Vivek Singh’s modern and elegant restaurant by Battersea Power Station, serves delicious modern Indian food.
Cinnamon Kitchen, part of the Cinnamon group of restaurants, is Chef Vivek Singh’s sixth and latest restaurant.
It is in Circus West Village, along the Thames riverside on the south bank, between Battersea Power Station and Battersea Park. As part of the huge ongoing redevelopment of Battersea Power Station and its surroundings, the area has a wonderful vibe with many restaurants, cafés and fabulous views of London.
Cinnamon Kitchen is located under one of the arches of the main tube line out of Victoria. The restaurant’s utilitarian design with its bare brick walls and uninterrupted space pays homage to the railways, and preserves the history and charm of the area (read more below*). The constant dull rumbling of trains as they pass overhead add to the charm, as if you are having a bite to eat while waiting for your train.
The concept behind the restaurant is ‘Modern Indian cuisine, with British influences, using innovative techniques’. There is a selection of small plates, a tasting menu, express lunches and all day dining.
Cocktails are the creation of world famous mixologist Tony Conigliaro, inspired by themes of fire, ice and spice. Colours are vibrant, and with ingredients such as black cardamom, curry leaves and fenugreek, they are designed to take you on a ‘journey through the senses’.
The bar menu reflects the restaurant’s railway theme in offering Indian regional dishes from the main cities along the train journey from Mumbai to Jaipur.
We ordered the Surat Junction Bhel Puri from the bar menu. This Gujarati dish, is made with small fried puffed wheat, similar to samosa pastry (known as namak para), chickpea vermicelli (sev), potatoes, pomegranate, tamarind and yogurt. This is a tasty mixture of sweet, salty, tart and spicy ingredients with interesting and contrasting textures.
There was an amuse bouche of Gujarati steamed chickpea cake, Dhokla. Served on small skewers and garnished with a tamarind and a coriander chutney, I enjoyed this very much and it was a wonderful opener.
The starter, Tandoori Chicken Breast Tikka was tender and beautifully spiced with a perfect kick of chilli. It was served with a coriander chutney, and onions chopped and combined with yogurt (sadly there was a tiny amount of each sauce).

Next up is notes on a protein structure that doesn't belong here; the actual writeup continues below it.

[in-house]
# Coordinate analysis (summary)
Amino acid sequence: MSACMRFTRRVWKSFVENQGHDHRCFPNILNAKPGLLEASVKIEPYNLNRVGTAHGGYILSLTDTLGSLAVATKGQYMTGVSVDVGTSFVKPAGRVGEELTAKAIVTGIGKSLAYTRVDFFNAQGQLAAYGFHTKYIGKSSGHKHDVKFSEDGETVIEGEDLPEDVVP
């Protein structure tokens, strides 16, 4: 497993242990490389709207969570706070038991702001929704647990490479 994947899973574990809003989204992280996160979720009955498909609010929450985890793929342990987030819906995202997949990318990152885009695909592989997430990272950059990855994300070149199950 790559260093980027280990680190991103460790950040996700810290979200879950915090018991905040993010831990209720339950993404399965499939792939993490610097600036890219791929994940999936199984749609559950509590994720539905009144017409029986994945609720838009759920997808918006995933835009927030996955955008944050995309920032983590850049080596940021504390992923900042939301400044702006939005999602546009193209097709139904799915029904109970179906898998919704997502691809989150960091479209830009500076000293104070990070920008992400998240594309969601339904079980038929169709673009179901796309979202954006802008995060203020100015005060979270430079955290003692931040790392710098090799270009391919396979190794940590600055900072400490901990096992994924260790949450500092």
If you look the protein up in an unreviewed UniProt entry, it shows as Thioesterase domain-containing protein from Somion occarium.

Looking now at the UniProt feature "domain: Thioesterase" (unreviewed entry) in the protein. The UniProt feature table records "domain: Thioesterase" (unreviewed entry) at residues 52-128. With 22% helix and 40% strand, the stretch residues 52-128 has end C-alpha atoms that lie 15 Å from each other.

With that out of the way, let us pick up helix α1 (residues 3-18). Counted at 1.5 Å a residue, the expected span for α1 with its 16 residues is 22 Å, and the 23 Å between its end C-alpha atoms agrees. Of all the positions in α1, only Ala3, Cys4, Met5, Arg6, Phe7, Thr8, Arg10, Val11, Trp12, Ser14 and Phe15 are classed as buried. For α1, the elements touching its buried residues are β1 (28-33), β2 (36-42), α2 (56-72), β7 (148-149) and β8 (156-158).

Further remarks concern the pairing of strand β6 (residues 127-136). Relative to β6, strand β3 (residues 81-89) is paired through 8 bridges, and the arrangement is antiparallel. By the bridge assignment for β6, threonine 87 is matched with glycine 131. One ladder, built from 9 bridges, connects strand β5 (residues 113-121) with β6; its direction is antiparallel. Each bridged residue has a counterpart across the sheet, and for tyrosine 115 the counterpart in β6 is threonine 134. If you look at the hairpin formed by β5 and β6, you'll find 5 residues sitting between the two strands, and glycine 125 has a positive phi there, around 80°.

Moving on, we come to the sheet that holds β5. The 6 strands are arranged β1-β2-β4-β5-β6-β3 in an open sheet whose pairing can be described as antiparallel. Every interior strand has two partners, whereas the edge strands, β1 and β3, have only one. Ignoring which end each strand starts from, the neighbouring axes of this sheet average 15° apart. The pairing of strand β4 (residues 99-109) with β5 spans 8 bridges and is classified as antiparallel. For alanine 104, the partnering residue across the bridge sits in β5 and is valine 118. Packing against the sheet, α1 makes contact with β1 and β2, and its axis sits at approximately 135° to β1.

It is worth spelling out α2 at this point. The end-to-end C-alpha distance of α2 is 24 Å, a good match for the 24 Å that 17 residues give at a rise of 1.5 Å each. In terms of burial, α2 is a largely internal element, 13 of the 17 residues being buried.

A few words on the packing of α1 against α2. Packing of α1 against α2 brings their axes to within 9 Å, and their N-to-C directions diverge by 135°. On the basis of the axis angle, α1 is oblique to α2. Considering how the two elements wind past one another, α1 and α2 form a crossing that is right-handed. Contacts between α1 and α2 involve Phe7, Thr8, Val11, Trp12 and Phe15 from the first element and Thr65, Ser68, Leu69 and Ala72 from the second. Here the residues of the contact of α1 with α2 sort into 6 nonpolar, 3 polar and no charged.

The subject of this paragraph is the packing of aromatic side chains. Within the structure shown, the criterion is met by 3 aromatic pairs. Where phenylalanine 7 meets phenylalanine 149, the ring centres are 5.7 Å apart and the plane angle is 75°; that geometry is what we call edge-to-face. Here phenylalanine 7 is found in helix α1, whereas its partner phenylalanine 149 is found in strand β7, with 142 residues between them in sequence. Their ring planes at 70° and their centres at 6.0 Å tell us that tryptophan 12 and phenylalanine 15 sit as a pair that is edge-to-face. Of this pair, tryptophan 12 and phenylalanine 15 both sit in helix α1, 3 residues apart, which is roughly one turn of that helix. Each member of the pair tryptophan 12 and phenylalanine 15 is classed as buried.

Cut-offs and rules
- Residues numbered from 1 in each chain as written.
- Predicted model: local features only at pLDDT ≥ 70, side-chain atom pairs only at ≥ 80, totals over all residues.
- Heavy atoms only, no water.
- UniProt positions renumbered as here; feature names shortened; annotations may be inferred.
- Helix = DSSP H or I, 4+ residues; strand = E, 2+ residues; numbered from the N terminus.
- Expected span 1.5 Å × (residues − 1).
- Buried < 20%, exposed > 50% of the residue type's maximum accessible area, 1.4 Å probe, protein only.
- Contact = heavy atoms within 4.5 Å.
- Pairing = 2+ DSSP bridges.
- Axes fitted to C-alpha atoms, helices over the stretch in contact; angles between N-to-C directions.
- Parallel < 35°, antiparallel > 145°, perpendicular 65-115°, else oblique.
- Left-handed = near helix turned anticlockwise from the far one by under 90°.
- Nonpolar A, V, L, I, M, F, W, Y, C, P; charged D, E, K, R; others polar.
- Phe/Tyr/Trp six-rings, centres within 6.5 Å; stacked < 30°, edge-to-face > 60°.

The Pink Aubergine from the grilled section, was tender slices of aubergine covered in a crunchy coating of crushed peanuts, and sesame seeds, alongside a tamarind sauce. We were curious about this dish but unfortunately we didn’t love it.
For mains, we shared the Clove Smoked Lamb Rump, the Lucknow Style Chicken Biryani and the Black lentil dal with plain and garlic naan. All the dishes were deliciously fragrant.
The lamb, served sliced, was extremely tender and lightly spiced with a wonderful delicate flavour. It came with a rich fennel and nutmeg sauce, served with a portion of slightly tart fresh greens, some saffron rice and a most delicious lamb mince (keema).
The chicken biryani was subtly spiced with large pieces of chicken which were so moist and tender, they almost melt in the mouth.
The 24 hour simmered Black Lentils was rich, creamy and flavoursome and complemented the other dishes very well. It is one of my favourite daals!
For dessert we shared the Double ka Meetha, and the Lassi Panna Cotta. The Double ka Meetha was a spiced bread and butter pudding with a custard-like rasmalai sauce. The delicately spiced sweet bread was light with a delicious rich and creamy cardamom flavoured sauce.
The Lassi panna cotta with mango mint salad was light, creamy and refreshing. It came with fresh mangos and mango puree, dehydrated raspberries and an edible flower.
In the kitchen, Chef Ramachandran Raju, formerly head chef at the original Cinnamon Kitchen in the City, and Chef Rakesh Nair, formerly head chef of the Cinnamon Club. They have been working with the Cinnamon Group of restaurants for the last 20 years and are setting the same high standards in Battersea. Waitress Alex is chatty and friendly and very knowledgable about the restaurant and the menu. Manager Harsh Joshi (not pictured) was also very welcoming.
Bartender, Vlad Iftime prepares cocktails from Tony Conigliaro’s creations for Vivek Singh.
The mezzanine level is supported by a large metal cage-like structure. Accessible by stairs, it has a private air-conditioned dining area for up to 20 guests.
An open plan kitchen at the back of the restaurant with seating for individuals/couples.
*Coal powered Battersea Power Station built in 1930’s, was eventually decommissioned in 1983. It was built in the cathedral style fairly typical of its time, however, this is the most iconic building to survive. It remains one of the largest brick buildings in the world. With its unmistakable 4 tall white chimneys, it is now part of the huge regeneration project extending to Battersea Park for flats, restaurants, shops.
Disclosure: We were invited to dine at Cinnamon Kitchen, but all opinions expressed are my own.
Cinnamon Kitchen Battersea
4 Arches Lane
Monday to Sunday
11.30am to 11.00pm